Pigmentation is a skin concern many of us tend to identify with. And it’s no wonder considering it comes in so many different forms and has many different causes.
“There are well over 45 causes of hyperpigmentation on the face, each with unique clinical features,” says Dr. Michelle Rodrigues, Dermatologist and Director of Chroma Dermatology, Pigment and Skin of Colour Centre.
She also explains that ‘pigmentation’ is a term rather than a diagnosis, which typically refers to skin that is “lighter than normal (called hypopigmentation) or darker than normal (called hyperpigmentation).”
Most of the time, when people say “pigmentation”, they actually mean “hyperpigmentation”. The appearance of which Rachel McAdam, La Roche-Posay’s Medical Communications Manager, describes as “darker areas, spots or blotches on the skin; these areas may have a brownish appearance and may be faint or pronounced.”
Or as we like to describe it, the chocolate milk moustache that shows up when we’ve had a bit too much sun in summer.
Hyperpigmentation can also appear differently depending on a person’s skin tone and Dr. Michelle reveals that it’s typically more common in those with skin of colour.
“This is because a condition called melasma is more common with this group and this is one of the most common causes of hyperpigmentation.” Melasma is also more common during pregnancy and has been linked to hormonal changes.
So is there anything that can be done to diminish these dark spots and patches? Here’s what the experts think…
The best ingredients for fading hyperpigmentation
You’re not imagining it, hyperpigmentation does tend to become more noticeable as we age – “mainly due to UV exposure over our lives,” says Rachel – and so it’s only natural to want to try and find products to combat its appearance. So what exactly should we be looking for?
Dr Michelle stresses that “getting the right diagnosis first is really important because different causes of hyperpigmentation require different treatments.” But here’s some ingredients known to help…
“For things like very light freckles, post-inflammatory hyperpigmentation and mild melasma, hydroquinone is still the gold standard treatment,” says Dr. Michelle Rodrigues. The active ingredient can be found in products like John Plunkett’s Superfade Face Treatment Cream ($21.99 at Chemist Warehouse) and is available over the counter at pharmacies in concentrations 2 per cent or less – no prescription needed!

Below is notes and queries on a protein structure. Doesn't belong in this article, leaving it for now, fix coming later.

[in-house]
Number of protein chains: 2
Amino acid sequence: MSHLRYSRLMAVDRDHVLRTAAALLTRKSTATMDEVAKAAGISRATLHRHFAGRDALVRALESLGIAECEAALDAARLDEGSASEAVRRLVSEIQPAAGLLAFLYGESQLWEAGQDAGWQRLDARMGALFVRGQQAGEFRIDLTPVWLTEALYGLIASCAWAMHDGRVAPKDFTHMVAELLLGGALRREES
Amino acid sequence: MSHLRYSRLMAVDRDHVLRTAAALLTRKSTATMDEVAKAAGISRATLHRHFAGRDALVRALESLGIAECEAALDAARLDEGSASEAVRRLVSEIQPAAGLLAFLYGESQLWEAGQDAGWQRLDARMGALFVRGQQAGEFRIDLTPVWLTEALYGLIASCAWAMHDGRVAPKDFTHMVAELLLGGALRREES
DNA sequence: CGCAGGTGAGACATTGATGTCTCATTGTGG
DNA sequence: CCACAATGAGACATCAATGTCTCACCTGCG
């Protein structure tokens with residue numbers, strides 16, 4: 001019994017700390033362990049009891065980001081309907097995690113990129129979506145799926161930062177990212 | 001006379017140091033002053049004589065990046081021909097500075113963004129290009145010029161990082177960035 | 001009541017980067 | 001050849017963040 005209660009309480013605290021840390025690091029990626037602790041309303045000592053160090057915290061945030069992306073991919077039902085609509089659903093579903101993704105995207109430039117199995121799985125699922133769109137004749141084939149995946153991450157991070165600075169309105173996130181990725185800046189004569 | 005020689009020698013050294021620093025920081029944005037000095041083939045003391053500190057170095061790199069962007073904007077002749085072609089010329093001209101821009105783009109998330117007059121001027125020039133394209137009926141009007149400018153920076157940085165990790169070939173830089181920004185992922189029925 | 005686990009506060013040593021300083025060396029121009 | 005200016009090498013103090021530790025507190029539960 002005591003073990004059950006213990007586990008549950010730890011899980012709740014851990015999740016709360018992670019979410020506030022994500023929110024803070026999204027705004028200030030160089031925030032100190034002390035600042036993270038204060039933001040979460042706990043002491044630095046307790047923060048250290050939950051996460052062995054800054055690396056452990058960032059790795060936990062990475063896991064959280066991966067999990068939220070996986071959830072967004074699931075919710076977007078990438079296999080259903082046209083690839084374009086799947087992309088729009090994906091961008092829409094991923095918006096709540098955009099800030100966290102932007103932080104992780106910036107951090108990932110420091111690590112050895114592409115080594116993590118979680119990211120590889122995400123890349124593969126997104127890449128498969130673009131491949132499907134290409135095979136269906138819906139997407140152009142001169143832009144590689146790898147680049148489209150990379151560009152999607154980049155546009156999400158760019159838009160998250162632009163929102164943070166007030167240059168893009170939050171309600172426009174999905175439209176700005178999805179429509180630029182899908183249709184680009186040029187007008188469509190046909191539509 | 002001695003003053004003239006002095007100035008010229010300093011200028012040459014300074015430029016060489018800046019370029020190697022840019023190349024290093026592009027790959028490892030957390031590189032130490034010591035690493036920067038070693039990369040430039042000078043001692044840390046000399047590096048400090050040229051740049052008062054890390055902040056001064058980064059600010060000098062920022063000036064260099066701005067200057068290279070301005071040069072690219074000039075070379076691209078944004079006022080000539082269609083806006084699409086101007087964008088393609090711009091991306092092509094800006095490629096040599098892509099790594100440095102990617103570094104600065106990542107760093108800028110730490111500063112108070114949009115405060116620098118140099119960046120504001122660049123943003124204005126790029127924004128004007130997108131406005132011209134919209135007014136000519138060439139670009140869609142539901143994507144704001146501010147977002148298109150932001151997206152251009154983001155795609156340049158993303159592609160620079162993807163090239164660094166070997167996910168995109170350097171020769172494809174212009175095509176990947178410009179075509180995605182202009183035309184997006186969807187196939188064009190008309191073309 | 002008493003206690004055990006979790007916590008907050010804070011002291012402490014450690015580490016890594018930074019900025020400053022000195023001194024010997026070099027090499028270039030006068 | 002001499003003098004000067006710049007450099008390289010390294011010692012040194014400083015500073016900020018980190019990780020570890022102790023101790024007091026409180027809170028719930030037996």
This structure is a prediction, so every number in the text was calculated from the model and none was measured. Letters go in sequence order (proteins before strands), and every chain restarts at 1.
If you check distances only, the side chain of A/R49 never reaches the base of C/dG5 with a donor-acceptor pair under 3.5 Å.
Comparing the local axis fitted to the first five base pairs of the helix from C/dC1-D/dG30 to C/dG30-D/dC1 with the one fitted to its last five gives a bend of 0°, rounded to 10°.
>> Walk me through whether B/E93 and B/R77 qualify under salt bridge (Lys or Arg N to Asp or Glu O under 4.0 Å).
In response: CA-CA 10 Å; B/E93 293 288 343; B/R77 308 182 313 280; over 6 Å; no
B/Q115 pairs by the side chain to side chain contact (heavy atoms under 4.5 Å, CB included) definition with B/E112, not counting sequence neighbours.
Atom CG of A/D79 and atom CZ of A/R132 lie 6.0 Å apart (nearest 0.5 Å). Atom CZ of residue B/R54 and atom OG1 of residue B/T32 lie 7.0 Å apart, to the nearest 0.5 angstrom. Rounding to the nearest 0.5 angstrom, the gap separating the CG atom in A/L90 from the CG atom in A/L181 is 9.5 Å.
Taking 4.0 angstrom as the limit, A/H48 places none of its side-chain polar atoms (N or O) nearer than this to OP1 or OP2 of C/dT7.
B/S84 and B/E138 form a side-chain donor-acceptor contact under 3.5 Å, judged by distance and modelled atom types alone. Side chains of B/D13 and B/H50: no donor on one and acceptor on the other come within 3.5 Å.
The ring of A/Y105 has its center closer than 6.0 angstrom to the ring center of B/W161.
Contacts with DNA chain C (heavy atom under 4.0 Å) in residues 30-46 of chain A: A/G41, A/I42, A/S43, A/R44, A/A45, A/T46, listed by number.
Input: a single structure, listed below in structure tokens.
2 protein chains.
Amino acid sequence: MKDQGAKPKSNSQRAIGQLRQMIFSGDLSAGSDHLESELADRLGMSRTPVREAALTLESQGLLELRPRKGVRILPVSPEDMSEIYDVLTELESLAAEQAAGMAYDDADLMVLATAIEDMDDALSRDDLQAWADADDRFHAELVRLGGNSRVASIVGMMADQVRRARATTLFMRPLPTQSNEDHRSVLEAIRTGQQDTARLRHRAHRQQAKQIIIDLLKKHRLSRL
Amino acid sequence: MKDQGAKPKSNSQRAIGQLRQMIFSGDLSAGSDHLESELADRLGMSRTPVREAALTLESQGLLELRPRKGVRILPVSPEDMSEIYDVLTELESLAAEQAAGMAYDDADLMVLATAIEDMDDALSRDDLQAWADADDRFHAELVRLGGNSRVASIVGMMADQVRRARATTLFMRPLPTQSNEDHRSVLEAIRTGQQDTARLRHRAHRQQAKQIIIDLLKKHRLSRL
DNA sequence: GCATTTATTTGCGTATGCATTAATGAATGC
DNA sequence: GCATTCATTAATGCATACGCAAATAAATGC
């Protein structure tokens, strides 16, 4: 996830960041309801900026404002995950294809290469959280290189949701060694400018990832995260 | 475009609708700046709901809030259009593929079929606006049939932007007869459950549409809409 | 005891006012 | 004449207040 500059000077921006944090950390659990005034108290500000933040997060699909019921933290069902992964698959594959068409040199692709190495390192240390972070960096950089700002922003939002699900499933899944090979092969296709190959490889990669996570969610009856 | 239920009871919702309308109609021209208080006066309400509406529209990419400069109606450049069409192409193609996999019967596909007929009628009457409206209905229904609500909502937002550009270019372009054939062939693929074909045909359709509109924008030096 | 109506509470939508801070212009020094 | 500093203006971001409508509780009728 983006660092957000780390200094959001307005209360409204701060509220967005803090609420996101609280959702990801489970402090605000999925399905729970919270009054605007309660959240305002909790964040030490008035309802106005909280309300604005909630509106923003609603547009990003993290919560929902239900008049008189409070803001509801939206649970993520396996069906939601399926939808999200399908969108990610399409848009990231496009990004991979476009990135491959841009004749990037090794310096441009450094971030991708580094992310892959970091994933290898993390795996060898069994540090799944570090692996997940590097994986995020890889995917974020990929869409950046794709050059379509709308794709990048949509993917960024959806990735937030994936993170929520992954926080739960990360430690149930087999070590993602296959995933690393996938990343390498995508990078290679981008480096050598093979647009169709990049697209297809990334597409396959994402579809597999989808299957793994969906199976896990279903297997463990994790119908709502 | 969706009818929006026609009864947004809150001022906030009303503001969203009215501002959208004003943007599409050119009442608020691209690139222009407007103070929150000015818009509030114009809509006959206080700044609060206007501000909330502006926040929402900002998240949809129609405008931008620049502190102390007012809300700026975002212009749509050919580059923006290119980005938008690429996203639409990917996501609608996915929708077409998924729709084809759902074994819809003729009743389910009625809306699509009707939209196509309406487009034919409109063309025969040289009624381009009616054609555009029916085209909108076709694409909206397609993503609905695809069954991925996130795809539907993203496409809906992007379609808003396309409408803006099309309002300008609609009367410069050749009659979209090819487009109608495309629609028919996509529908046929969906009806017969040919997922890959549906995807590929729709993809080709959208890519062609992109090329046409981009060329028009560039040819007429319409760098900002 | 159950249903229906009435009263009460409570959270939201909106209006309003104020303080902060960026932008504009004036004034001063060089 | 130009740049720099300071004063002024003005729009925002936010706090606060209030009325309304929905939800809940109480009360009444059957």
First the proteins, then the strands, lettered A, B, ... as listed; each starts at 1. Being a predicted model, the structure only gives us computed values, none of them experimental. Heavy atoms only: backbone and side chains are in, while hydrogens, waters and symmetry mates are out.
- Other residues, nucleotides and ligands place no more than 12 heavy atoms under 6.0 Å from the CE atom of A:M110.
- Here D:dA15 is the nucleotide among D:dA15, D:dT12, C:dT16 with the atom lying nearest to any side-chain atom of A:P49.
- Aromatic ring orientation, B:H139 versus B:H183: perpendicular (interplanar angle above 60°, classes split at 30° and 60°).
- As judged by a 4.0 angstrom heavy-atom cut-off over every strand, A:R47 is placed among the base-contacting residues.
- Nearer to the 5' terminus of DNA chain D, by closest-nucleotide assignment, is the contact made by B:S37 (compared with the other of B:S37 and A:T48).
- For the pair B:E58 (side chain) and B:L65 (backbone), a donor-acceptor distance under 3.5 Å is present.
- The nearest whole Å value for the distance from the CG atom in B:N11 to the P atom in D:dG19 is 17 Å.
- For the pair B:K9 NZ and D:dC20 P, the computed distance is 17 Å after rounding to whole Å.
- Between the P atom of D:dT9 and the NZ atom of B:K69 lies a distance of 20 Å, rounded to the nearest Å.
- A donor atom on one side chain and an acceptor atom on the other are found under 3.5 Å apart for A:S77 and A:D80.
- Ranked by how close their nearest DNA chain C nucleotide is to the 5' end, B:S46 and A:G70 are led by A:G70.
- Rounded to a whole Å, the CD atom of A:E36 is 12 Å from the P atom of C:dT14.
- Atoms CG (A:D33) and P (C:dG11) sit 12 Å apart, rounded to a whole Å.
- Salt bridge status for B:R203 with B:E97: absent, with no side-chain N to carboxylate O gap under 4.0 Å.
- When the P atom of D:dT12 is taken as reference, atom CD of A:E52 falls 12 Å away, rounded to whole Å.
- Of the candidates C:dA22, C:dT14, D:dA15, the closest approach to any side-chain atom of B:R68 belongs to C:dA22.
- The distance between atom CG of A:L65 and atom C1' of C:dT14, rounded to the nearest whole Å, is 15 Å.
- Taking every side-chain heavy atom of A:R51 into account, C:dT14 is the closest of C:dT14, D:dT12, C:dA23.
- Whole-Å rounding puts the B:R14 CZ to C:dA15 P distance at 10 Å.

AHAs & Vitamin A
Australian Cosmetic Physician Dr Naomi McCullum says it’s crucial to tackle melanin production from all angles if you want to see a difference in hyperpigmentation. She recommends incorporating an AHA serum or essence (specifically her own Pore Relation, $89 at drnaomi.com) and vitamin A into your weekly routine to “help increase cell turnover and over time fade visible surface pigment.”
Vitamin C & Niacinamide
With resurfacing taken care of, Dr Naomi recommends pairing exfoliation with brightening ingredients that will target “different pathways of melanin production, such as the well-documented vitamin C and niacinamide.” bh recommends: BOOST LAB Vitamin C Brightening Serum ($29.95 at Adore Beauty)
The best ingredients for preventing further hyperpigmentation
There’s only one word you need to know for your best defence against hyperpigmentation: sunscreen.
“UV protection is by far the most effective way to both prevent pigmentation and also repair existing pigmentation,” says Rachel.
When it comes to selecting the best sunscreen for the job, Dr Michelle says to“make sure you choose one that says SPF 50+ with high UVA protection.”
“Choosing one with a tint is also really helpful, especially for those with skin of colour” – this is because tinted sunscreens contain iron oxide which absorb blue light, so you’ll also be protecting yourself from hyperpigmentation it can cause.
bh recommends: La Roche-Posay Anthelios Invisible Fluid Facial Sunscreen SPF50+ ($31.95 at Adore Beauty), Hamilton Everyday Face Sunscreen is a SPF 50+ ($11.49 at Chemist Warehouse) and Cancer Council Face Day Wear BB Cream SPF50+ Medium Tint ($13.39 at Chemist Warehouse)
Can skin care alone help?
If you’re wondering whether professional treatment is required to truly fade the appearance of hyperpigmentation, Dr Naomi says it largely depends on the kind you’re dealing with.
“There are some types of pigmentation that are more safely or effectively treated with skin care and some types that are more effectively treated by energy based devices in-clinic,” she tells beautyheaven.
“For example, melasma-type pigmentation is well treated and more safely treated with topical skin care. Although we have many in-clinic treatments for this issue, we would always include skin care as part of the treatment. Freckle-type pigmentation [on the other hand] is poorly treated with skin care and very effectively treated with in-clinic IPL devices.”
In terms of how much improvement skin care products alone can provide, Rachel says it’s modest and “in the realm of 20-50 per cent reduction.”
For more intensive reduction, she advises seeking out a dermatologist for treatment, which Dr Michelle strongly agrees with.
“Seeing a dermatologist will mean a detailed physical examination of the skin that gives a 3D view of the concerns and give you the opportunity to consider prescription grade creams, lotions and maybe even tablets to pair with a great skin care plan,” she says.
There are dermatologists who specialise in pigmentation too, so if you’ve tried all the above ingredients and tips to no avail, it may be time to book an appointment.
Main image credit: @hoskelsa
Do you have hyperpigmentation? Have any of the above ingredients or tips worked for you?